The Sky Is Everywhere
By: Jandy Nelson
Seventeen-year-old Lennie Walker, bookworm and band geek, plays second clarinet and spends her time tucked safely and happily in the shadow of her fiery older sister, Bailey. But when Bailey
dies abruptly, Lennie is catapulted to center stage of her own life—and, despite her nonexistent history with boys, suddenly finds herself struggling to balance two.
Toby was Bailey’s boyfriend; his grief mirrors Lennie’s own. Joe is the new boy in town, a transplant from Paris whose nearly magical grin is matched only by his musical talent. For Lennie, they’re the sun and the moon; one boy takes her out of her sorrow, the other comforts her in it. But just like their celestial counterparts, they can’t collide without the whole wide world exploding.
summary from book
My Rating: 4.5/5
People have been ranting and raving over The Sky Is Everywhere and with good reason. Jandy Nelson has created a world filled with dynamic and original characters that leap from the page accompanied by her beautiful prose and heartfelt poetry that only serves to intensity Lennie's struggle with the loss of her sister Bailey. I adore novels that take me on a journey, that allow me to feel a span of emotions and that through the turmoil are able to offer a glimmer of hope leaving me with a sense of inspiration and completion.
I've always gravitated to stories that deal with loss and sadness. I think the reason being is because it is often in the most severe of cases that characters really grown and develop. I always look forward to not only seeing where the author will take a seemingly well known idea but also to the new cast of characters that I will meet. Jandy's characters in The Sky Is Everywhere are fantastic and very well thought out. They were definitely one of the best parts of this novel for me. From Lennie to Toby to Gram and Big, each one is different yet original and had their own little quirks that really brought a sense of reality to them. I have to say that sometimes, the female protagonists of novels kind of start to blur together after years and years of reading. There isn't always something distinct about them yet with Lennie, I felt she was always authentic and truly a individual. She stood out a lot to me and I'm sure will continue to do so.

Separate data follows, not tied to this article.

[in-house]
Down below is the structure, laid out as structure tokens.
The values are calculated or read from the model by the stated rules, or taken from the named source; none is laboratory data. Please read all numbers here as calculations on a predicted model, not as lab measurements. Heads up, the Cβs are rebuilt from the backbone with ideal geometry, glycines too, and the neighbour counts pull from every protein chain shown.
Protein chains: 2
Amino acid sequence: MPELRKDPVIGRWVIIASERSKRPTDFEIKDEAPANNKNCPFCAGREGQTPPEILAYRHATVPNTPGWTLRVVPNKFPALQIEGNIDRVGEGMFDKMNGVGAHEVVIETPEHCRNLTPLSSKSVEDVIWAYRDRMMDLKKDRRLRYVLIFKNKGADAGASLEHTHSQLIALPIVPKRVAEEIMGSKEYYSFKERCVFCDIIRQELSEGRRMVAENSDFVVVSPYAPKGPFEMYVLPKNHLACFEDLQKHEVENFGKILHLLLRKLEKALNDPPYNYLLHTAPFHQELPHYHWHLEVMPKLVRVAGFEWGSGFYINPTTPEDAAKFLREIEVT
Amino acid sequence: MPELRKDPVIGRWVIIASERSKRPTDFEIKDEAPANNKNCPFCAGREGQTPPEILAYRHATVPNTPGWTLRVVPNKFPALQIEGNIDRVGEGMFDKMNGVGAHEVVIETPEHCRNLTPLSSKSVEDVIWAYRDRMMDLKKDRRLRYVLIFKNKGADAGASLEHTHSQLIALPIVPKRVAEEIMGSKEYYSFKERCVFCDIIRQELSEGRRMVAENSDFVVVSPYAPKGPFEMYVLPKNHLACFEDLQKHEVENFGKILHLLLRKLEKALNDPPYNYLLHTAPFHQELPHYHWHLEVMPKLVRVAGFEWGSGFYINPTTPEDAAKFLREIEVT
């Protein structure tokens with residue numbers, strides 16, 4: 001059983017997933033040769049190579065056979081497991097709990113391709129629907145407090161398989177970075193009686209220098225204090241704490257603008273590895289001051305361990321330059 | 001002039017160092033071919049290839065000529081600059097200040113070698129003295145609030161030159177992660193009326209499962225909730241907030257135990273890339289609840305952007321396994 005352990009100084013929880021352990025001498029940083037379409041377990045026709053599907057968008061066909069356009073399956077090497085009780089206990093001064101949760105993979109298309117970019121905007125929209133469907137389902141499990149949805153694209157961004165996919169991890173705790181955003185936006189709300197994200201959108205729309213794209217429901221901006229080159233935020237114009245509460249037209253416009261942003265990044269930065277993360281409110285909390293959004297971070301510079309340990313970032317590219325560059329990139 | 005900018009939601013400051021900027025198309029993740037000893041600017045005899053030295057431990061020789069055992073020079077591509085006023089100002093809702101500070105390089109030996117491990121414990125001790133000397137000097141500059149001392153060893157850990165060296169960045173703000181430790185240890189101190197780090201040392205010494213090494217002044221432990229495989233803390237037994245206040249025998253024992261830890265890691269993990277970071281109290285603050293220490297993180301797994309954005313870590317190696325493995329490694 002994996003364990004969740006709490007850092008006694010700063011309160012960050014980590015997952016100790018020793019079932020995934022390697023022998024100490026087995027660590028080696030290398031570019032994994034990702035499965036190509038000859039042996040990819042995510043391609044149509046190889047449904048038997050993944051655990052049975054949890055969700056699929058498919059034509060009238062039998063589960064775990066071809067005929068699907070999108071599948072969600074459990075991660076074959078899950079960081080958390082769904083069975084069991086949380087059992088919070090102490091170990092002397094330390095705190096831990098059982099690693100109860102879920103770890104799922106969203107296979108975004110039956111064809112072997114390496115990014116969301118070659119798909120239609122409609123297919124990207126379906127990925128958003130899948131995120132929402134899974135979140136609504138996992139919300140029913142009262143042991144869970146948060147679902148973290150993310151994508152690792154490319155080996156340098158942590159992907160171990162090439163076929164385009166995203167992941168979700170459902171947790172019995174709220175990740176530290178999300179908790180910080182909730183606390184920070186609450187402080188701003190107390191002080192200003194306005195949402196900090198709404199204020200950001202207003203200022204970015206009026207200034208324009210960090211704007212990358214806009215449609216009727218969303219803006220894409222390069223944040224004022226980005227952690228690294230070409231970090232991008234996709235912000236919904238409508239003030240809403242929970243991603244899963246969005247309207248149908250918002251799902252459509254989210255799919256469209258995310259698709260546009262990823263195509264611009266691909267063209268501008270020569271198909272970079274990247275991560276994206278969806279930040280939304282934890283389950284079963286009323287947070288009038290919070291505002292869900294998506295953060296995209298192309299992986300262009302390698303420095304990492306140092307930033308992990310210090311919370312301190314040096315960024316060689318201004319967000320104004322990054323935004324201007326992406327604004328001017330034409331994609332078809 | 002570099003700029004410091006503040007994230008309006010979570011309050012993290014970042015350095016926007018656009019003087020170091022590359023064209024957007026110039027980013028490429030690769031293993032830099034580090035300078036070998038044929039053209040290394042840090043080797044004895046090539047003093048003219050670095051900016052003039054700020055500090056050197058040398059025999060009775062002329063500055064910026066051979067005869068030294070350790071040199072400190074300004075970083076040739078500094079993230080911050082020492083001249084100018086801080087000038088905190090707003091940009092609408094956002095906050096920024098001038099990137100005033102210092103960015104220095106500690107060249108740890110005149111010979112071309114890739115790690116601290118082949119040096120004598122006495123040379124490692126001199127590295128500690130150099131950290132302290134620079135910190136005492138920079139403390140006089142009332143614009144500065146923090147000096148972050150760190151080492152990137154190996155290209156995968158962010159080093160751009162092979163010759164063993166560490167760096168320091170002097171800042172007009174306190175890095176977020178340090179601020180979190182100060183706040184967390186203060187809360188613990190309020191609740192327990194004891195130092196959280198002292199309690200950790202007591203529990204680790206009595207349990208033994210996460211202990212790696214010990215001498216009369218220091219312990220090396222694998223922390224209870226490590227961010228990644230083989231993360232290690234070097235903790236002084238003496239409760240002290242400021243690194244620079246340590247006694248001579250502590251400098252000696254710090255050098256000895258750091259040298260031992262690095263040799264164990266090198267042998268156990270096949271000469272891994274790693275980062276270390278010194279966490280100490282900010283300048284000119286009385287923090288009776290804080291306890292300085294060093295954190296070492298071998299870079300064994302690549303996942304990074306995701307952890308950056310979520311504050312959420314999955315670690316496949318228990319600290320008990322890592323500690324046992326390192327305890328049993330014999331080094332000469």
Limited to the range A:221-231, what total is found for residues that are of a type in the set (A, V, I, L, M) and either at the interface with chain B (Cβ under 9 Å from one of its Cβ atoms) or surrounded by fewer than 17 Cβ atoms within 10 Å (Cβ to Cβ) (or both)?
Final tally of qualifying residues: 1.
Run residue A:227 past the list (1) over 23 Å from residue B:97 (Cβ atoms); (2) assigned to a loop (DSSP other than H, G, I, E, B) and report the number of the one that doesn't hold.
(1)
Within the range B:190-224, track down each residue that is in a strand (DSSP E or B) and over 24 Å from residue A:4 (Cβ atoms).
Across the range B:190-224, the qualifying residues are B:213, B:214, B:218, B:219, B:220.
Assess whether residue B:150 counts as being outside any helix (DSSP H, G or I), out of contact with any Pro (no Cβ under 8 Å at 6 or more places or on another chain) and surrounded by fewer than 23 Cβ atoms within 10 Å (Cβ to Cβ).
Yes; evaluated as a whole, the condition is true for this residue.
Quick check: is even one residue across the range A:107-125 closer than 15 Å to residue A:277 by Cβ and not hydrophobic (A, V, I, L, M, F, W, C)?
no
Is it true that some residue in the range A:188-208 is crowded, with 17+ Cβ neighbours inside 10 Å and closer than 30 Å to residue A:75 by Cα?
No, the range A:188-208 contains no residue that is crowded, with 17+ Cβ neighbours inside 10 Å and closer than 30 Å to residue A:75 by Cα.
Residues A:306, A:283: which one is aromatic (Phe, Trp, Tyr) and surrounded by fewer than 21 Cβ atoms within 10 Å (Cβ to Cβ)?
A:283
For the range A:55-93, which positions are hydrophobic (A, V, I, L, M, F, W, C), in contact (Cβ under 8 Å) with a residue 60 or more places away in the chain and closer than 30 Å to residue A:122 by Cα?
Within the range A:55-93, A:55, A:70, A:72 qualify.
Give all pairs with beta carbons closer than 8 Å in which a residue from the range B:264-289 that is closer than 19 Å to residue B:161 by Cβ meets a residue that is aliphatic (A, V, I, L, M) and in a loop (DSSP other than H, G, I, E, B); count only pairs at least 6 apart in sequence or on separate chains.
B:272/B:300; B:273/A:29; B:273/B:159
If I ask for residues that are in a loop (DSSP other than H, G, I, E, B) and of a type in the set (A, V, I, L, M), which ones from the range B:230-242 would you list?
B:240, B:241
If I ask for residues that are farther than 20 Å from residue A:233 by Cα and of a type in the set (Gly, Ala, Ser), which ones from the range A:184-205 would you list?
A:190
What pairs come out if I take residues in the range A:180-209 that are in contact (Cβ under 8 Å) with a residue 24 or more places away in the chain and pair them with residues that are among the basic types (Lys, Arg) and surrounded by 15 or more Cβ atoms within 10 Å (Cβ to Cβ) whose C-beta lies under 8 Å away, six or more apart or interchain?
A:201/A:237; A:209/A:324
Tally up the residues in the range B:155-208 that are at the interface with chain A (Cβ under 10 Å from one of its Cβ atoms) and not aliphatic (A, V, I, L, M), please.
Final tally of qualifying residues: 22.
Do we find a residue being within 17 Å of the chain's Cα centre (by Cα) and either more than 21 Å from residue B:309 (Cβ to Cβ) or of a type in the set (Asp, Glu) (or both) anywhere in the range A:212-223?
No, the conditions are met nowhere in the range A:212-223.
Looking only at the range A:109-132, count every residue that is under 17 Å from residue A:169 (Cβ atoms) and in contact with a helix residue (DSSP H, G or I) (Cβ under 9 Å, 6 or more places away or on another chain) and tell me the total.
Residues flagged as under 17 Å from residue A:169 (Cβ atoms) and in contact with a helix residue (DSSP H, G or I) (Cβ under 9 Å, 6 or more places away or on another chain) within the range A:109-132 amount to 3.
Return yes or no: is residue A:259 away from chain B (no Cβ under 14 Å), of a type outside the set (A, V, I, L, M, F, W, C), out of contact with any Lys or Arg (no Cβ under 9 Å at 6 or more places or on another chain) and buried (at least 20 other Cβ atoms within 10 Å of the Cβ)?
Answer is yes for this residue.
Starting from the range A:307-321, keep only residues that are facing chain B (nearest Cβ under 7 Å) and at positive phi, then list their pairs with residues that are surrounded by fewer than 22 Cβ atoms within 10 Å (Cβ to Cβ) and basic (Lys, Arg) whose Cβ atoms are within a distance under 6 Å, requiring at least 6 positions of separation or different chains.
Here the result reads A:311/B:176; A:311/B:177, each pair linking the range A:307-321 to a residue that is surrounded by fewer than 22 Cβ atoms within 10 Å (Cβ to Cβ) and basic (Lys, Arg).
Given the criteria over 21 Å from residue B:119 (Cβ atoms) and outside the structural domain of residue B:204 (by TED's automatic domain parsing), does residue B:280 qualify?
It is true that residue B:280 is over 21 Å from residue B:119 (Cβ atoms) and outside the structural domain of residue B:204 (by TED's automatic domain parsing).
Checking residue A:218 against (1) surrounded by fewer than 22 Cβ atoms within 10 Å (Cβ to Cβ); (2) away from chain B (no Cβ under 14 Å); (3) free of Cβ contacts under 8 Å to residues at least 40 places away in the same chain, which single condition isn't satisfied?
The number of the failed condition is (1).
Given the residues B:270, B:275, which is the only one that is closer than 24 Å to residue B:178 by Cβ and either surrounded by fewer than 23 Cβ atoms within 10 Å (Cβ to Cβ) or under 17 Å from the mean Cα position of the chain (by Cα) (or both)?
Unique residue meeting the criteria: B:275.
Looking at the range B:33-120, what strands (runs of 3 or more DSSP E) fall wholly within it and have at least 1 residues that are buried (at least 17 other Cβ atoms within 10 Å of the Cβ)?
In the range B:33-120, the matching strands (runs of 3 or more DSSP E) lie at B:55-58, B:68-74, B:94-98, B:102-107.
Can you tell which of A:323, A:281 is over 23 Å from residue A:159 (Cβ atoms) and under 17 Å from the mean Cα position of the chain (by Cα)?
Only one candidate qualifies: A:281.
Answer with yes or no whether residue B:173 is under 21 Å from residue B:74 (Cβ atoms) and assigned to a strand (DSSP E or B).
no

There are a lot of elements in The Sky Is Everywhere other than just Bailey's death and Lennie's romantic relationships. A few threw me by surprise as I did not see them coming. Everything in this novel had a purpose and in the end all elements only helped to make the bigger picture even brighter.
There have been a lot of compliments being given to Jandy Nelson in regards to her writing and I have to agree. I enjoyed her writing style immensely and greatly appreciated the poems that were found at the beginning of each chapter. They not only provided me with farther insight into Lennie's loss and struggles in life but they also dwelled upon Bailey and past conversations she had shared with Lennie which helped bring life to a character that was no longer living.
Overall: The Sky Is Everywhere is a fantastic book. Readers like myself who love contemporary or "realistic" fiction I think would fall in love with this novel just as I have. If you're a fan of character driven novels with great character development and real life situations then this is definitely for you. :)